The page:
“It is a truth universally acknowledged, that a single man in possession of a good fortune, must be in want of a wife.”
This has wit, satire, elegant construction, humour and a hint of the conflict or stakes to come. It sets the tone for Lizzie Bennett’s character voice and outlines the central theme of the novel.
8. Don’t lie.
The opening chapter has to declare the story type and genre. The novel has to deliver on on the title and blurb. See Sanderson’s Promises, Progress and Payoffs. Sanderson describes a novel that opened as a cliched fantasy and pivoted half way to subvert what went before. Most readers didn’t reach the ingenious pivot to catch the joke. Those genre fans who stuck with it hated the undercut. Lying to the reader in the opening then hitting them with a huge genre twist down the line is a gamble likely to fail.
9. Show Proactivity.
The character has to come alive on page one. The opening chapter has to show characters in motion, doing something interesting from the start. Passive characters have to express dissatisfaction or yearn for change in the ordinary world setup. Ideally it opens with them pursuing a goal and meeting obstacles; best of all, on page one.
10. Don’t delay the opening hook.
Time was, the opening hook appeared three or four chapters in. Not any more. The hook has to appear in chapter one. I’d say the opening hook for Pride and Prejudice is the new tenant of Netherfield. In Star Wars (not a book, I know) it’s Leia sending the Death Star plans with the two droids. In Heart of Darkness, Marlow receives orders to track down Kurtz. Conrad’s novella has a low word budget and jumps straight into the plot.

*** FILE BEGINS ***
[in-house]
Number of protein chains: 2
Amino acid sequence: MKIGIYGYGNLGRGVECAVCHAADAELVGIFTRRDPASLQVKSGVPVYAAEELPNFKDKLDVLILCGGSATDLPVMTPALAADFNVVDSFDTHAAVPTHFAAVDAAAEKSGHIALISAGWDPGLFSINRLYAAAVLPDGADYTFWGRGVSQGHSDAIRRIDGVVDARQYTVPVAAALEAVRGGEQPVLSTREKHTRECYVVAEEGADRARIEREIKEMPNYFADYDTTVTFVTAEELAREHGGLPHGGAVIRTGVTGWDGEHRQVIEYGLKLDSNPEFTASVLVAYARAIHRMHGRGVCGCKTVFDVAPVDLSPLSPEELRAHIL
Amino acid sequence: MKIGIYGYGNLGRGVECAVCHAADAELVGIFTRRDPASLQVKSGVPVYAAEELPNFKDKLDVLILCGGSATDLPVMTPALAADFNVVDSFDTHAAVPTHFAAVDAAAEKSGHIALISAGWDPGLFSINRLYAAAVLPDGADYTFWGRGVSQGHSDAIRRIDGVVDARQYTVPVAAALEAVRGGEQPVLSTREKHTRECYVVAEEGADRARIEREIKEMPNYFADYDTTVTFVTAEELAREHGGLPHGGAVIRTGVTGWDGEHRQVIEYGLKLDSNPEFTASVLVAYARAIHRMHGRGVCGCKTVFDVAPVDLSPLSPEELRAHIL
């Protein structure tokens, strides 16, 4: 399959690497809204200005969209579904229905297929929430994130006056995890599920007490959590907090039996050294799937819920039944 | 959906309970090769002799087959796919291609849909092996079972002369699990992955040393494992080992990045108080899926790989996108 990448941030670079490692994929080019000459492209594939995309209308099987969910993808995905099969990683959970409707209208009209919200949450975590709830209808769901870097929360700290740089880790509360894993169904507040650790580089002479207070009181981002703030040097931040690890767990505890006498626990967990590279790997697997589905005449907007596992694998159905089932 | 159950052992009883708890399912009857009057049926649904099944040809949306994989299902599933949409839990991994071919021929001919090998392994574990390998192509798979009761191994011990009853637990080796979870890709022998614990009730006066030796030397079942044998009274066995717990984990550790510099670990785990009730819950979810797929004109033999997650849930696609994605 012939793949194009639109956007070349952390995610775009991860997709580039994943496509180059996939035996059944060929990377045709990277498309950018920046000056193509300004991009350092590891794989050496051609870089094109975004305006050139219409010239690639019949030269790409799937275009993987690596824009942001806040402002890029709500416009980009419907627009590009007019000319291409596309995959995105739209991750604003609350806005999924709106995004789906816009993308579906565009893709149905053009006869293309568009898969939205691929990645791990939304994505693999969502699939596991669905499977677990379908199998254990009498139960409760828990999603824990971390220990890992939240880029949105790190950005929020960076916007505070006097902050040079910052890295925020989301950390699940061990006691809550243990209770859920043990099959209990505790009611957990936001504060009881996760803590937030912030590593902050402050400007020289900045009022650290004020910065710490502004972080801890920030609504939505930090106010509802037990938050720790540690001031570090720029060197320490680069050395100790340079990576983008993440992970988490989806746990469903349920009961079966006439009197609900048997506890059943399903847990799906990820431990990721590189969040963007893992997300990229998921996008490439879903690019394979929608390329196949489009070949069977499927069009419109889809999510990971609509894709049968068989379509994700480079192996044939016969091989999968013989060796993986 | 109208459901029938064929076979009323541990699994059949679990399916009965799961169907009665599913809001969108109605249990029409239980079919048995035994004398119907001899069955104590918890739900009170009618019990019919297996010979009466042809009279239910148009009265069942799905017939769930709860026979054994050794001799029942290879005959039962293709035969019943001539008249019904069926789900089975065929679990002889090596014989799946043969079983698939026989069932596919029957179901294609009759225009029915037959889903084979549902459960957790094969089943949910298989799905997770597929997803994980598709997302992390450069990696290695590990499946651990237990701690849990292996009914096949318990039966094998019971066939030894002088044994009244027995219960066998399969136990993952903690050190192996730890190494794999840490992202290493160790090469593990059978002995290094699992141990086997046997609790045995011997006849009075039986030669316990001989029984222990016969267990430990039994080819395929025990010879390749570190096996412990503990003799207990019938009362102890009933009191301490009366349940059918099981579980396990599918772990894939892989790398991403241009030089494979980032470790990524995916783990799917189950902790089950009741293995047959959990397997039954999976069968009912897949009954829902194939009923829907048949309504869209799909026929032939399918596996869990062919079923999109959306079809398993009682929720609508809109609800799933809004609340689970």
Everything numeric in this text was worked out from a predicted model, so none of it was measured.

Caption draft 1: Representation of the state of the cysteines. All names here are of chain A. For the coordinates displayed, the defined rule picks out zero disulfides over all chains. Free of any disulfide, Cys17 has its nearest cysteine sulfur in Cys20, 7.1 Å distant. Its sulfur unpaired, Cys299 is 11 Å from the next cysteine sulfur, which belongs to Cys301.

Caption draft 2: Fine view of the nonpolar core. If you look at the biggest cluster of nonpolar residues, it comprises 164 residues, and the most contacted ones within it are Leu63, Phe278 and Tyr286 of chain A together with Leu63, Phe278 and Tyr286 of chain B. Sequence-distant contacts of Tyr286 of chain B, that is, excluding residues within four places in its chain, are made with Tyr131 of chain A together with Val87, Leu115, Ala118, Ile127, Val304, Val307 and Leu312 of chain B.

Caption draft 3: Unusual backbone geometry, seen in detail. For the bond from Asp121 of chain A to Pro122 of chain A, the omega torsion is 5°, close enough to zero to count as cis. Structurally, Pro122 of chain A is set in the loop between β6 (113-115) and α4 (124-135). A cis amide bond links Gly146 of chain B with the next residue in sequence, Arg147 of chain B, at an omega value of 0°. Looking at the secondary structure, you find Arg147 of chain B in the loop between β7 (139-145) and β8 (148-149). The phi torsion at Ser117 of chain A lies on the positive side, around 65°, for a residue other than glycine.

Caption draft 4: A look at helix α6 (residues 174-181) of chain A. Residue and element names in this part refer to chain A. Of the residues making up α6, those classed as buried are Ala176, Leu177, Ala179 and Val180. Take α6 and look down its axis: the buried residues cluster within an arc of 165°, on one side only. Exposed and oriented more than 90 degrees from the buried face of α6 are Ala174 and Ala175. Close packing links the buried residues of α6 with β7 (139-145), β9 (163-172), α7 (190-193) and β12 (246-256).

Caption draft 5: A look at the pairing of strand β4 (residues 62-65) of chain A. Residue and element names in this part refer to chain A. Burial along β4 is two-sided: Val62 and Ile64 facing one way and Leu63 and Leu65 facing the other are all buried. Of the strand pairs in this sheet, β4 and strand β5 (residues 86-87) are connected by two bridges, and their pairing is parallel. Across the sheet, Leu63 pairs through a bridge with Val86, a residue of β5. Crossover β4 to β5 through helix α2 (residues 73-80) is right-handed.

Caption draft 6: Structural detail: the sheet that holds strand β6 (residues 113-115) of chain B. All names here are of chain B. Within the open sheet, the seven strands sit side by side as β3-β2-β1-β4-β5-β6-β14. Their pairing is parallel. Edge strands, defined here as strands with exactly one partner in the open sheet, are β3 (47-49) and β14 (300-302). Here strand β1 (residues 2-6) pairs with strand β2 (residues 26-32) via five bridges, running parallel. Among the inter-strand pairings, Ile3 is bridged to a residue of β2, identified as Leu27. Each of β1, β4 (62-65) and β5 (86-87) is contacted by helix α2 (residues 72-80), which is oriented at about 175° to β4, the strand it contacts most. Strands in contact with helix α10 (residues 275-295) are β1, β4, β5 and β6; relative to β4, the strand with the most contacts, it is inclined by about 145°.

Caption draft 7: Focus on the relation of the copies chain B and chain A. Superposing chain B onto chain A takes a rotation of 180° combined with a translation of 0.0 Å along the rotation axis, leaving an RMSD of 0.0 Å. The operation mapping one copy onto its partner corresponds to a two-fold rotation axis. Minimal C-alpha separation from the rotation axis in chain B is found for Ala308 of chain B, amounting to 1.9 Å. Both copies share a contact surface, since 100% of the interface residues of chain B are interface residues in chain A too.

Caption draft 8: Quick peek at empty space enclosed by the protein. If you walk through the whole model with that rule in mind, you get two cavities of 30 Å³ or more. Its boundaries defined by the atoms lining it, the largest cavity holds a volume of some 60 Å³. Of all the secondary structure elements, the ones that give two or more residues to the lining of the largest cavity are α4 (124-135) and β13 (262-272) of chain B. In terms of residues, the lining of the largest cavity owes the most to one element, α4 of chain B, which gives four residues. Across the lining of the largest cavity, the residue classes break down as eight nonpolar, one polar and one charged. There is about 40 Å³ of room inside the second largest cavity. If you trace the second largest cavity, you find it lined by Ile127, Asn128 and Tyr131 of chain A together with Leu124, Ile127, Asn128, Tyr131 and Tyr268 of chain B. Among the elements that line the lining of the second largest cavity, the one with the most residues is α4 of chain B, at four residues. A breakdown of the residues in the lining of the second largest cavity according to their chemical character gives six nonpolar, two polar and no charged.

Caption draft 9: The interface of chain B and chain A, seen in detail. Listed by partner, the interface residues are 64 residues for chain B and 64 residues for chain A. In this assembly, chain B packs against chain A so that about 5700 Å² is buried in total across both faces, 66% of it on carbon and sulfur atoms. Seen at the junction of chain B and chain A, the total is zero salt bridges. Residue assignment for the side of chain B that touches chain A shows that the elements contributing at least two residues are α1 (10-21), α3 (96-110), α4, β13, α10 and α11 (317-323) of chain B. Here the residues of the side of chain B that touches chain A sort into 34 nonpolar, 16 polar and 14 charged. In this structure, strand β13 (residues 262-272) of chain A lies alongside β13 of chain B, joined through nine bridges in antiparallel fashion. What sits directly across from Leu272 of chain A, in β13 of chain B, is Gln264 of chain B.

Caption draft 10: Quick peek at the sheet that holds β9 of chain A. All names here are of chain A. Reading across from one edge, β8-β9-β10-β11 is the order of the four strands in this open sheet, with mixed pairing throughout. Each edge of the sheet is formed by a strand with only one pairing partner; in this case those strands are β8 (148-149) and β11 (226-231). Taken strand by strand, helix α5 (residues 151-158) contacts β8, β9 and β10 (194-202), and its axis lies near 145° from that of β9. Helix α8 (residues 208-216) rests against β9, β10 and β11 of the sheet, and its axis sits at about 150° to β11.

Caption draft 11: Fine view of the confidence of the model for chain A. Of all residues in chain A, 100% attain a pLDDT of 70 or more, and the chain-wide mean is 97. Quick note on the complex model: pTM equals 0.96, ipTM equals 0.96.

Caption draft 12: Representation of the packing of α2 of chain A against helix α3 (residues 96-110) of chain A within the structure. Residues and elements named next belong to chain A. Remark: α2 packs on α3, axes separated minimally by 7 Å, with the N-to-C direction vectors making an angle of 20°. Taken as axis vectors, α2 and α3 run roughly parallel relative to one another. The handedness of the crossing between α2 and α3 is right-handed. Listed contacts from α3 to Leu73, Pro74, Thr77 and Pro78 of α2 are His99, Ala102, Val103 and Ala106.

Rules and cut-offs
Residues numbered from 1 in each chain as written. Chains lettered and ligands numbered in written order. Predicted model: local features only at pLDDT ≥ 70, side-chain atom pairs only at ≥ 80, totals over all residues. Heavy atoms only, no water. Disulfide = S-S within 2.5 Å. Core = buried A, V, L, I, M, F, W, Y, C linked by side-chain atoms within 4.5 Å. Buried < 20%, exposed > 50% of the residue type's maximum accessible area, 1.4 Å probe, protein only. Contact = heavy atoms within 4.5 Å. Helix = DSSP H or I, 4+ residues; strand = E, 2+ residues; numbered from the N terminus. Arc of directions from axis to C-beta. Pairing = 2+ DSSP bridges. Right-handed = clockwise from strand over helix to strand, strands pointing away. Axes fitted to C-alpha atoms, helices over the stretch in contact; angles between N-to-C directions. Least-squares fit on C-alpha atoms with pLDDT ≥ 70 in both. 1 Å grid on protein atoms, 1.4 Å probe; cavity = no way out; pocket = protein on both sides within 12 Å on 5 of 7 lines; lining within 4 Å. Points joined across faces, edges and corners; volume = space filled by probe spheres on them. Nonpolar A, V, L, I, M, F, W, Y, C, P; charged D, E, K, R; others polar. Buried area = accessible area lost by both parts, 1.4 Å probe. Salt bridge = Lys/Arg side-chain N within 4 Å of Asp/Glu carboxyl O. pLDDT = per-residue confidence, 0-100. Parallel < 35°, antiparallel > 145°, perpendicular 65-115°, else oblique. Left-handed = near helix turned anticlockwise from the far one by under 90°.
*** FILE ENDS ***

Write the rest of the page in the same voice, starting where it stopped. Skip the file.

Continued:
11. Minimise detail
The opening chapter mustn’t overwhelm the reader with too much plot, too many characters or too much world building. What’s important and necessary at the start. Tease and defer everything else. There’s plenty of room in the next hundred thousand words.
Austen walks a tightrope in the opening chapter of Pride and Prejudice. Two parents, five sisters, the Inheritance Problem, the Netherfield Tenant, social mores and the Marriage Challenge. That’s a lot to include. We get minimal detail about any of it, but lots of hints of what comes later.
12. Be specific, be original.
Lay out your Initial Promises and make them good ones. In a world of flat-pack, cookie-cutter romance, thriller, action, fantasy and mystery, the opening has to say something distinctive and compelling.
At a time where every story already exists, originality is in short supply. What makes this story unique and worth reading? A different take? A new genre mix? A compelling voice, character, opening problem? Philip Reeve’s The Mortal Engines begins with cities on wheels, a distinct take on dystopian Y-A, Mad Max, steampunk adventure. Okay, it turns into Star Wars at the end, but the opening setup is brilliant.
Not Rules but Guidelines
I haven’t mentioned prologues, flashbacks and time-skips for the opening. These are all tricky ways to begin and break all kinds of rules outlined previously. Three of my stories use flash-forwards; another minefield.
These are all guidelines or principles. Some are contradictory. How do you reconcile ‘minimise detail’ and ‘be specific?’
I assert you can learn from them and from examples, but no one can teach you to apply them. You have to sit down and write. That’s what’s taking me so long.